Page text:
The Bar in throes of self-abnegation(1)
OF the four pillars of freedom (law, liberty, representative government and an impartial administration of justice) law is primus inter pares being the first to be established and it being the underlining framework within which the others can thrive or have their being or existence established. Law is the system of rules to be applied to the settlement of disputes between individuals and government or between individuals and individuals. The primacy of place of law in the pantheon of liberal values is indisputable.
It is the business of the courts to see that the rules of law are properly applied to existing disputes when they arise. This involves an independent judiciary, a fair procedure and a reasonable access to the courts on matters which are truly justiciable. Today, the independence of the judiciary is probably more necessary than ever before even as the surface area of political intrusion and control is constantly being enlarged. Each extension conduces to an increased risk of abuse of power by those who wield it. Direct attacks on the judiciary including snide remarks, unsavoury innuendoes, rude invectives, etc. (some of them unearned) are now constantly being made not only by the opposition but are widely or rabidly promoted on radio and television. Popular manifestations of hysteria are provoked whenever judicial decisions prove unpopular or are thought to be too lenient or too harsh. The relationship of law and politics is made manifest or obvious in the area of the enforcement of the law. Self-evidently, the enforcement of law rests, inflexibly, upon those possessing political power. But this possession cannot always be said to be based on moral right. The incongruous situation has given rise to legal positivism in its varied forms – the most appropriate of which is Austin’s theorising: law is nothing else but the command of the ruler. In a sense, all lawyers are positivists. They are not in a position to advise their clients if they do not take political authority as a given fact nor can they argue their cases before the established courts without questioning the basis upon which they were established. Pushed to its logical limits, positivism will interpret or translate to mean that law is the result which will come down from the judges if a disputed question is referred to the courts. So our popular conceptions of justice and right are the fabric of which law is fashioned, with which a judge interprets its provisions and the public adjudges its correctness or its otherwise indifferently asinine promulgation or interpretation.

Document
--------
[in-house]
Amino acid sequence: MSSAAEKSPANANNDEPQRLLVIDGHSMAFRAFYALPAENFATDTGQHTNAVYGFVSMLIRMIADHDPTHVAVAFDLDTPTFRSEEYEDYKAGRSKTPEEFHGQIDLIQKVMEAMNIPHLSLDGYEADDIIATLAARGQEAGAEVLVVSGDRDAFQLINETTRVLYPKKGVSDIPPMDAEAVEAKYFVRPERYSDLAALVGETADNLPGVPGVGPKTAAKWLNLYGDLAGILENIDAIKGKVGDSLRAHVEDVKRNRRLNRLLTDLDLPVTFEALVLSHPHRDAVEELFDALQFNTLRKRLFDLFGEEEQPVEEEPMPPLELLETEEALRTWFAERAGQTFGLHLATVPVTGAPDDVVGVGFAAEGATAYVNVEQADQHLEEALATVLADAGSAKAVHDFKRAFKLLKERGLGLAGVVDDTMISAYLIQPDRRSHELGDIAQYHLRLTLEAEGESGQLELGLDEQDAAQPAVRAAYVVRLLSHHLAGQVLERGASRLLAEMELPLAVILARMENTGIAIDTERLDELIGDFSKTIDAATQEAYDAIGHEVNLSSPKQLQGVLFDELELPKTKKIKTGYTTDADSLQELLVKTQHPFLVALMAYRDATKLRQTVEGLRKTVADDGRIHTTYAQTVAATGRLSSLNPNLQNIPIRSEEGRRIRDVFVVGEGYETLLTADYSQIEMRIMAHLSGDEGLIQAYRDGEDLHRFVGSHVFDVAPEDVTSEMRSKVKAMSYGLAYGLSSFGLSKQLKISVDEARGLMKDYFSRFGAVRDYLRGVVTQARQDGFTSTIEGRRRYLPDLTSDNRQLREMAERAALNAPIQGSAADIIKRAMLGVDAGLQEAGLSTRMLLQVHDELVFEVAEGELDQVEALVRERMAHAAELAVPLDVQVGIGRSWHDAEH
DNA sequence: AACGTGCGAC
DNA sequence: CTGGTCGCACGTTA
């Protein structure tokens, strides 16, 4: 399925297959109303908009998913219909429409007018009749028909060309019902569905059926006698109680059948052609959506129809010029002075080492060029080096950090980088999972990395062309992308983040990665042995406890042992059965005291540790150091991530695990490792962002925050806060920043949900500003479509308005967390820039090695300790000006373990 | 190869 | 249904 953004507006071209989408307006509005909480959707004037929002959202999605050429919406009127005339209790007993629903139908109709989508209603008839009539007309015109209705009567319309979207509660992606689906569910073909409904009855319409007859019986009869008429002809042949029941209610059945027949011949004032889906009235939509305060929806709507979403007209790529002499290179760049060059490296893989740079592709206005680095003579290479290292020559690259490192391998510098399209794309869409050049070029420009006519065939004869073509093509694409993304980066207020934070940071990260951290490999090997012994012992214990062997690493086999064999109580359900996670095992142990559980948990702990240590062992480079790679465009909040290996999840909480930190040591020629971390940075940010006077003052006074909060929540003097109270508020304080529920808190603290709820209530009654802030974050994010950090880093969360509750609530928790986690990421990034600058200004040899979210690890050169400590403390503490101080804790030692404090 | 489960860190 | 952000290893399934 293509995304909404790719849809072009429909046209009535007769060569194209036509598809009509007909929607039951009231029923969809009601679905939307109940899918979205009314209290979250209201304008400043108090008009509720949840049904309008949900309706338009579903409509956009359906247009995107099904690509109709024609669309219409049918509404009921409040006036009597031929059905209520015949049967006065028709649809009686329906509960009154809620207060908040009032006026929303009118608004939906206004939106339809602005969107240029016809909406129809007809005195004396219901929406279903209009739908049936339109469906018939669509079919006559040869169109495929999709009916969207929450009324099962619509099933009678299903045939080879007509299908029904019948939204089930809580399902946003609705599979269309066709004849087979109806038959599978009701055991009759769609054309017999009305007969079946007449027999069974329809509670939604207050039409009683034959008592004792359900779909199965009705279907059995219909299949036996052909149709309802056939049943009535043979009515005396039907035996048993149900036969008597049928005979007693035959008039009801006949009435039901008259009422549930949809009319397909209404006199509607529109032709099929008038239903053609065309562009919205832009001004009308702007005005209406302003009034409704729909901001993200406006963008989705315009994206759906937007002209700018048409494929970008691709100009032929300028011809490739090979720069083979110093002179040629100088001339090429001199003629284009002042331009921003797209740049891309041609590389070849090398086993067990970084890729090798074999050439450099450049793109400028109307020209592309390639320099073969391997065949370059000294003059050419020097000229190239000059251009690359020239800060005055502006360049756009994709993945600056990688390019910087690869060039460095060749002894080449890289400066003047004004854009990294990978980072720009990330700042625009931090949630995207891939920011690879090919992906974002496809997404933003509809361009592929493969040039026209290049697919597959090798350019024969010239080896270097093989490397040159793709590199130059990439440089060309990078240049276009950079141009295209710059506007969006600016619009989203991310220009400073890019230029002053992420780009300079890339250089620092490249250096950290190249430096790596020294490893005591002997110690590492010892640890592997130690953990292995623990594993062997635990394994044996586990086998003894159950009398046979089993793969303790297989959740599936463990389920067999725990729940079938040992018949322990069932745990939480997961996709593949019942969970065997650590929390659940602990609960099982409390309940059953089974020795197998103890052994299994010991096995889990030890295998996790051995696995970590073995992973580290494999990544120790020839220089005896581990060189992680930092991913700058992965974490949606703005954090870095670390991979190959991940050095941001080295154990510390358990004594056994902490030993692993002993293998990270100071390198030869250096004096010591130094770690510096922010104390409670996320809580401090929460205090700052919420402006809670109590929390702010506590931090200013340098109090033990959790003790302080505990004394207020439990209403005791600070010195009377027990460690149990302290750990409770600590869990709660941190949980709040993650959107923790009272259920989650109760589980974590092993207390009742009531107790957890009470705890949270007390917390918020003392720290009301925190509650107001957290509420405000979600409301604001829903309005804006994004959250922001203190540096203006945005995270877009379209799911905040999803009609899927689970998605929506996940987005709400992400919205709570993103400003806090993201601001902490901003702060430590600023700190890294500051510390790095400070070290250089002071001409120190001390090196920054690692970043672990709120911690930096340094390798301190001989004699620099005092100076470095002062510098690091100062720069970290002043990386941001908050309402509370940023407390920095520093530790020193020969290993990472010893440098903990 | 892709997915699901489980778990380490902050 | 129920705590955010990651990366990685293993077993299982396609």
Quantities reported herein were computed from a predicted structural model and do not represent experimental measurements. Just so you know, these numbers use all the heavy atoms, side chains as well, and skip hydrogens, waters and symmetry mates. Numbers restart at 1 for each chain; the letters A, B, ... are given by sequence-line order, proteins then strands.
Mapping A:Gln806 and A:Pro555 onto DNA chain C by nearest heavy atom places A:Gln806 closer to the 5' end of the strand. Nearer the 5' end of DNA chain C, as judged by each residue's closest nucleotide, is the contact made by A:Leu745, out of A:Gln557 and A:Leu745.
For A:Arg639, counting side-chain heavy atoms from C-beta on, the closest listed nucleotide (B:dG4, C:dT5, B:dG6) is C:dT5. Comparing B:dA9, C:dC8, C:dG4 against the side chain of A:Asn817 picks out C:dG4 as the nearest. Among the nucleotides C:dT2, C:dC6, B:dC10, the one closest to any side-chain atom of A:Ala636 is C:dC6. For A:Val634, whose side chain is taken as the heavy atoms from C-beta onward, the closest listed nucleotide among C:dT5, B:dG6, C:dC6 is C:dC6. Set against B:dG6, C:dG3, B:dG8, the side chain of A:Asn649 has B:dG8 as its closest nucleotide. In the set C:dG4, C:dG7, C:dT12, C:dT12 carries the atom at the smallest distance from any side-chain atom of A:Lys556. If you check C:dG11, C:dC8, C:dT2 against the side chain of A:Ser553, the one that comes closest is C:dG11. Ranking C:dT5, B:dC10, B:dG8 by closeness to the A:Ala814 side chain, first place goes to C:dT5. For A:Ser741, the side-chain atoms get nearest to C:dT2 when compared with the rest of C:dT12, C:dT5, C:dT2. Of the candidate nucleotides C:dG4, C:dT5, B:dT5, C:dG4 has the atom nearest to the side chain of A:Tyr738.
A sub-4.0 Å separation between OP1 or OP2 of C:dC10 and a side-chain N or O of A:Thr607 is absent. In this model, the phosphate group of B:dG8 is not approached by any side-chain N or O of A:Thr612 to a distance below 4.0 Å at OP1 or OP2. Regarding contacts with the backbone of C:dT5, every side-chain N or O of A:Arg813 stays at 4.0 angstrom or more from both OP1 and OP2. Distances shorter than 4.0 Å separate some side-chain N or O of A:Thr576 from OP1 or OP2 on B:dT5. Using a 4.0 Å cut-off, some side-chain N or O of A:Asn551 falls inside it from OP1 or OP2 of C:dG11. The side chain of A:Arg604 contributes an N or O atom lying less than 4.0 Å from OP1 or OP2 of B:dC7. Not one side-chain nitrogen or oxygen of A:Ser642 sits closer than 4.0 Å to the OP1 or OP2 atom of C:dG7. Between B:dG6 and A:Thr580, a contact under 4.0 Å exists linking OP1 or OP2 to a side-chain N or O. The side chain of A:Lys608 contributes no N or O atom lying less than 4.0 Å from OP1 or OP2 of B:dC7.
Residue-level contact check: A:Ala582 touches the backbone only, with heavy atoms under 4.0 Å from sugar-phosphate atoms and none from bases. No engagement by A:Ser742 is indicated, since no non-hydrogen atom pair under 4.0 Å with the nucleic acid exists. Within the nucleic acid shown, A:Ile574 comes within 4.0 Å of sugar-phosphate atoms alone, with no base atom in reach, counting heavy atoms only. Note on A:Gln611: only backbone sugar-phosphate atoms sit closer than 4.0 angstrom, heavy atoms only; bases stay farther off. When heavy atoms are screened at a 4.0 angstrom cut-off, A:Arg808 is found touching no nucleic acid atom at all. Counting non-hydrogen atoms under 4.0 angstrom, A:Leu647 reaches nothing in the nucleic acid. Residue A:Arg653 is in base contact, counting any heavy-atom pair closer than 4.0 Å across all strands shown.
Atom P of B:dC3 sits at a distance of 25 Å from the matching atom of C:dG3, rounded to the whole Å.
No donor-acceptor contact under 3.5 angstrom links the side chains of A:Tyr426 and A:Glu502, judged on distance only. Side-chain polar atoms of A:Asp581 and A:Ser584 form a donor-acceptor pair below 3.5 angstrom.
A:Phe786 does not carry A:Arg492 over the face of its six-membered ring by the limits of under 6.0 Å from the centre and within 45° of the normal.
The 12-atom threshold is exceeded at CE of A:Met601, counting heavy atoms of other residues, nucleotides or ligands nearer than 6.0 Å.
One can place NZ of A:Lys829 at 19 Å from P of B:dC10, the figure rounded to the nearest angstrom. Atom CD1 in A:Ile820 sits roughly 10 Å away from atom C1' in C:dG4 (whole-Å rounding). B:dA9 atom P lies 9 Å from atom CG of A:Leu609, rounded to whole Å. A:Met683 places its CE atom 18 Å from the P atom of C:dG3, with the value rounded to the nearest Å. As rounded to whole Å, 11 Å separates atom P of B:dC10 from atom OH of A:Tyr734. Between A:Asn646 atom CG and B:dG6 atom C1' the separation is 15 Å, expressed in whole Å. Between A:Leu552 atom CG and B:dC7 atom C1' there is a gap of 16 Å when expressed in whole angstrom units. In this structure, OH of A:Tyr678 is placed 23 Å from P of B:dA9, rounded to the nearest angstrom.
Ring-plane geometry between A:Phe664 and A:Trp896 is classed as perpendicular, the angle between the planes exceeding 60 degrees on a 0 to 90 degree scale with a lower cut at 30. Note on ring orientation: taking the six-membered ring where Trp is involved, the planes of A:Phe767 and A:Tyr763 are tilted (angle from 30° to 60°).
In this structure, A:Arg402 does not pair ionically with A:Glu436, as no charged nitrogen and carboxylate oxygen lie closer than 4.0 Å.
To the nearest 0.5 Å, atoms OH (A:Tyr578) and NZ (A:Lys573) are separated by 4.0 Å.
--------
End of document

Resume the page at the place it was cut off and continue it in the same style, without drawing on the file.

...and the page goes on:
Lawyers by their training and operational aide memoir are unfettered. They are truly independent. The only limitation upon a right-thinking lawyer’s independence is the duty which he owes his clients. Once selected, he serves them without the slightest thought of the effects such a service may have upon his personal popularity, security or political fortunes. Any lawyer who surrenders this independence or shirks this duty by moulding or re-casting his professional course to fit the guts or expectation of popular opinion, in my judgment, not only dishonours himself but disparages or degrades the great profession of which he should be proud to belong.